The distinction between being managed and directed by a boss versus cultivated and nurtured by a leader is extremely critical both for the mindset of the boss/leader and the employee/follower. Like mentioned in a previous post (Manufacturing Integrity into Trust), managers, especially C-suite or higher-level ones, need to be mindful of how the decisions they make for the company will impact the employees at work and into their outside life. Switching from thinking like a manager to having the mindset of a leader is a powerful transition that will have extremely positive ramifications.
The change to this mindset will not happen overnight for either the manager and especially for the company. I really love this video on Leader vs Boss (1) that explains the difference in behaviors between the two. In my MBA program, the students are learning to demonstrate leadership over management through these and similar principles. Even though I currently do not have employees/followers within my current position, I still use these leadership concepts into my work and beyond everyday; I look to understand before looking to be heard, I emphasize the importance of connecting rather than demanding results, and I look for constant valuable feedback to improve myself, my team, and process. There are other specific behaviors that reinforce the leadership mindset while downplaying the “boss attitude;” I wanted to cover these three first because I felt they were the most important.
One of my favorite phrases, which I recently learned, is “fight as if you’re right, listen as if you’re wrong.” Being an only-child of two very strong-willed parents made this a very humbling and tough lesson to learn and continue to improve upon, which makes it all the more valuable to me. To enter a discussion, whether you already agree or disagree, with a closed mouth and opened ears and mind does not come easily to most people, but it does allow group decision-making a lot more effective with less headache because everyone’s input is being valued equally with due consideration. This principle needs to be applied whether you’re the bottom rung of the corporate ladder or the head honcho. We’re all humans, we all make mistakes yet we’re also compassionate and need to bring that to the table as much as our brilliant ideas.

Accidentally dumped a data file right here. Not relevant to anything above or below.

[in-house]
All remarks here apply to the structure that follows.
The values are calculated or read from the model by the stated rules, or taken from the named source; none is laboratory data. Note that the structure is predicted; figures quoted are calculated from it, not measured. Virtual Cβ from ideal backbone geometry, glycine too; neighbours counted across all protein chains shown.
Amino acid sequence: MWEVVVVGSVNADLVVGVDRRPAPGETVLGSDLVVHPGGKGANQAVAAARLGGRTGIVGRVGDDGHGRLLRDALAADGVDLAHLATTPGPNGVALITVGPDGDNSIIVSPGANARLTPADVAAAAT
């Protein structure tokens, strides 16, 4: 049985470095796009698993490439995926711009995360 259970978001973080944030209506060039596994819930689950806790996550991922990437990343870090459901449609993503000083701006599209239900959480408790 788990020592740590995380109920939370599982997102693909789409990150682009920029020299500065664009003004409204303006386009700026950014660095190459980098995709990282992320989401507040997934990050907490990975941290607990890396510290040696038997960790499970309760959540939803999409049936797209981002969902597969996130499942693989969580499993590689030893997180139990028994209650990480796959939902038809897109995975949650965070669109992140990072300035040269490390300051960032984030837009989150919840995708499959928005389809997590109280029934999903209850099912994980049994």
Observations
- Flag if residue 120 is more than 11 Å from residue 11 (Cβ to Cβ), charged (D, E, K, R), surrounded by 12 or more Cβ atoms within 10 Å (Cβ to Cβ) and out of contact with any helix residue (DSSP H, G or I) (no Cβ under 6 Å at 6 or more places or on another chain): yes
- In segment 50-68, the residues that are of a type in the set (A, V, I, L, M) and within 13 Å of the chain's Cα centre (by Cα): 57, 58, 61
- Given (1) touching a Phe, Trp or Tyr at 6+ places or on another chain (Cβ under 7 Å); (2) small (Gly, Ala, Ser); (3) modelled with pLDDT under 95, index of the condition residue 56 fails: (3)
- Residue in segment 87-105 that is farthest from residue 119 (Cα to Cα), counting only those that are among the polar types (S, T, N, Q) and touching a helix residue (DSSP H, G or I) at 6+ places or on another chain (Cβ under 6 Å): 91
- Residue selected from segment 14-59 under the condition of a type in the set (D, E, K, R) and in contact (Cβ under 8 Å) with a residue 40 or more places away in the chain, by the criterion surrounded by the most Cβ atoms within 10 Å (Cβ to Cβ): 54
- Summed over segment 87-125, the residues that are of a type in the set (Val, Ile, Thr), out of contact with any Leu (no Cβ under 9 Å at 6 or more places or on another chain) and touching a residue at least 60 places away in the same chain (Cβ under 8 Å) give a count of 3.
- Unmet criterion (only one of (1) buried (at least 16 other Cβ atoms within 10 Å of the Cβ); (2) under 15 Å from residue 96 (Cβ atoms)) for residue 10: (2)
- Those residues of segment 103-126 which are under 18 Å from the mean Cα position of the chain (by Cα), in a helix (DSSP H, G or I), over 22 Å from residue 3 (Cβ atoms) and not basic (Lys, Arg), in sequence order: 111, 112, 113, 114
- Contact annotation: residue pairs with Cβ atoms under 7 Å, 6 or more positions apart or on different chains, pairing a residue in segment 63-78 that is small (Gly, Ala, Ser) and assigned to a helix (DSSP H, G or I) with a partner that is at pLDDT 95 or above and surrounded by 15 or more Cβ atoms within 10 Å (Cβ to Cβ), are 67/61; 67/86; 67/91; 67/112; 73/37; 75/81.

This compassion also allows for us to connect, which is also a strong human-based desire. Humans are social creatures and just because we go to work everyday doesn’t mean we leave those tendencies and instincts at home. A leader who is able to genuinely connect on a professional level can help the company grow so much more effectively than a manager who only repeats the company’s goals and the direction on how to achieve those goals. Providing an avenue to authentically connect with employees/followers is to first step towards building a trusting relationship between the leader and the rest of the company.
By developing a trusting relationship, this access opens up allowance to give and receive critical feedback between both parties. Feedback is the only information source that every person, process, and business uses to become better, to be able to meet your goals more effectively than the current strategy being implemented. Without it, nothing can hope to grow and improve. This is a huge difference between managers and leaders. The former doesn’t put any additional effort into making their current resources better, but rather uses finds it easier to just replace them once they’re expended. Leaders look to invest their effort into cultivating their current resources until they become sustainable, which waterfalls into other resources eventually multiplying the sustainability effect.
These practices are the initial, big-picture attributes to being a leader and can be practiced by anyone in any organization or industry, not just manufacturing. These are more life lessons than just simple good business practices. Let me know how you (currently or will start to) practice these attributes on a daily basis by Tweeting me @KaitCook18.
1) Video courtesy of Peaceful Century magazine.
Photo credit: http://msl-cdn.radiantforestllc.netdna-cdn.com/wp-content/uploads/2013/05/boss-vs-leader-800×800.png
[…] So, why bother? The lack of resistance from having a trusting relationship with your team is a key difference between managers and leaders; leaders will be open to listening to their followers, which needs to be the new status […]